Doug Lederman

Doug Lederman, Editor, is one of the three founders of Inside Higher Ed. With Scott Jaschik, he leads the site's editorial operations, overseeing news content, opinion pieces, career advice, blogs and other features. Doug speaks widely about higher education, including on C-Span and National Public Radio and at meetings around the country, and his work has appeared in The New York Times and USA Today, among other publications. Doug was managing editor of The Chronicle of Higher Education from 1999 to 2003. Before that, Doug had worked at The Chronicle since 1986 in a variety of roles, first as an athletics reporter and editor. He has won three National Awards for Education Reporting from the Education Writers Association, including one in 2009 for a series of Inside Higher Ed articles he co-wrote on college rankings. He began his career as a news clerk at The New York Times. He grew up in Shaker Heights, Ohio, and graduated in 1984 from Princeton University. Doug lives with his family in Bethesda, Md.

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Most Recent Articles

April 29, 2009
Ten days after a Florida grand jury indicted the president of Northwest Florida State College for misconduct and perjury, the college fired him Tuesday. The community college's Board of Trustees voted 4 to 3, with one abstention, to dismiss President James C.
April 29, 2009
Researchers and medical faculty members should decline all gifts from medical companies and should refuse to publish or present material that is ghostwritten for such companies, says a report from the Institute of Medicine. The recommendations -- which arrive at a time of heightened scrutiny of such conflicts -- also suggest broader reporting requirements of researchers' ties to companies, without barring all such ties.
April 29, 2009
Add Hunter College to the list of institutions (which now stands at 14), all led by women, that have received seven-figure anonymous gifts focused on financial aid. The Associated Press reported that Hunter received the $5 million gift in the fall, but only with recent publicity realized that it was part of a larger trend.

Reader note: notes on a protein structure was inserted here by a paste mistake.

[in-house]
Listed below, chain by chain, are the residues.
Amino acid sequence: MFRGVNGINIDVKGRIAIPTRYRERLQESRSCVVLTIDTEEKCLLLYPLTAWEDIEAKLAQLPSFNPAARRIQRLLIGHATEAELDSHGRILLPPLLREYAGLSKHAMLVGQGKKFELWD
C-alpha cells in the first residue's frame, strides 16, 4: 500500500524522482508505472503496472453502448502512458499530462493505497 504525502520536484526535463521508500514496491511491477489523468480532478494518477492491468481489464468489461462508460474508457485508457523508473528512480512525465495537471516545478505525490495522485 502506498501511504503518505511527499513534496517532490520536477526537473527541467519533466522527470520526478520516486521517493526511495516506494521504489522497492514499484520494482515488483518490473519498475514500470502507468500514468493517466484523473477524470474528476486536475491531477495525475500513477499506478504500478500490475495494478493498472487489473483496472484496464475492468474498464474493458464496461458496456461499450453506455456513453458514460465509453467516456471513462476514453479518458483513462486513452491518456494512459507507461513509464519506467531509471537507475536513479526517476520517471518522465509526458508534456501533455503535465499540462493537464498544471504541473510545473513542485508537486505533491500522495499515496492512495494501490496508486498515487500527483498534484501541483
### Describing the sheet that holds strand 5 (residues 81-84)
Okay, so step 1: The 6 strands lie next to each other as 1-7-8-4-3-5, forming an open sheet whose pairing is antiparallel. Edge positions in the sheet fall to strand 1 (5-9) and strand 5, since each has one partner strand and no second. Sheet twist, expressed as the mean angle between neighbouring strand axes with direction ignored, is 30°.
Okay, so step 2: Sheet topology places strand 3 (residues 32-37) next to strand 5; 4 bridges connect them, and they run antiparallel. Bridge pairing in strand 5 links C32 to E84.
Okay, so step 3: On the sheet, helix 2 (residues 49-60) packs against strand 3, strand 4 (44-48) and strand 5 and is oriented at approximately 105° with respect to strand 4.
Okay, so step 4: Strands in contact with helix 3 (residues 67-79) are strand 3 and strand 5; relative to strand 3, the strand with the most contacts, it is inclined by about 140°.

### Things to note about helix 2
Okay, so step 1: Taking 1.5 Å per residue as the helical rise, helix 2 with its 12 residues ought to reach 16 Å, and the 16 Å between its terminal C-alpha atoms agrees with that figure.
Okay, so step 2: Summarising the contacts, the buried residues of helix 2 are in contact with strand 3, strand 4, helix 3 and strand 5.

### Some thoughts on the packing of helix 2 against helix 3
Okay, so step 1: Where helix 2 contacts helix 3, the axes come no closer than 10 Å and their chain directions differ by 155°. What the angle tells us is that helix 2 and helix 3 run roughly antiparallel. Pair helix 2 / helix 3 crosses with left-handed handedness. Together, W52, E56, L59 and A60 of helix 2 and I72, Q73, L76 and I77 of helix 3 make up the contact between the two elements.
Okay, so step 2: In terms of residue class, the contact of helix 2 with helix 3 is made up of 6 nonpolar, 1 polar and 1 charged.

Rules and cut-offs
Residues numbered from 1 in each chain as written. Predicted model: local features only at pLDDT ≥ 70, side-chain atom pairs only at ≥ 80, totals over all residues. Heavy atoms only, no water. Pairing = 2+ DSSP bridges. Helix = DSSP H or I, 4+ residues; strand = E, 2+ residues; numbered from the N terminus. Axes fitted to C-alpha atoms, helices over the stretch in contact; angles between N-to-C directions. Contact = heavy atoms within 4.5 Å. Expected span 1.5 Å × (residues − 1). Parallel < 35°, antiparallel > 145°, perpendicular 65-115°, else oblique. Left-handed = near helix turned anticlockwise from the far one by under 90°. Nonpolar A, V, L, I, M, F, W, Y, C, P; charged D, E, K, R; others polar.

April 29, 2009
The U.S. Education Department announced Tuesday that it was sending about $1.3 billion to five states as some of the initial distributions from the State Stabilization Fund, which is designed to help governments backfill cuts they've made to their elementary, secondary and higher education systems. The states and the amounts they are to receive are Maine ($130 million), Minnesota ($547 million), Mississippi ($321 million), Oregon ($382 million) and Utah ($321 million).
April 29, 2009
Congress's compromise budget resolution clears way for White House plan to push restructuring of student financial aid -- but signals lawmakers' skepticism of ending role for private and state lenders.
April 29, 2009
Presidents, budget officers and professors hold similar views about nature and extent of public higher ed's finance problems, but diverge widely on potential solutions, survey finds. Talk among yourselves, authors urge.
April 28, 2009
The ailing national economy led Moody's Investors Service to downgrade 12 of the colleges and nonprofit groups whose debt it rated in the first quarter of 2009, and upgrade none, the ratings agency said in a report Monday.
April 28, 2009
The Commonfund Institute on Monday announced that it is currently projecting a 2.8 percent increase in the Higher Education Price Index -- an inflation rate for colleges and universities -- for fiscal 2009. The figure will continue to be refined. Commonfund also announced that it is revising the way it calculates the rate so that all data are aligned with a July-June academic fiscal year. Until now, different calendars have sometimes been used for some of the spending that goes into the rate, resulting in the rate at times appearing too high or too low.
April 28, 2009
Providence College has denied student groups permission to have Tom Tancredo, a former member of Congress who is an outspoken proponent of tough enforcement of immigration laws, speak on campus, The Providence Journal reported. A spokeswoman for the college noted that the request came late, and that one of the requests came from a group -- Youth for Western Civilization -- that is not recognized by the college.
April 28, 2009
As of Monday, American higher education was not feeling a direct impact from the worries internationally about swine flu -- but colleges are preparing and trying to educate students about risks. Yale University sent this information to all students, urging them to seek medical attention if they experience any flu-like symptoms.

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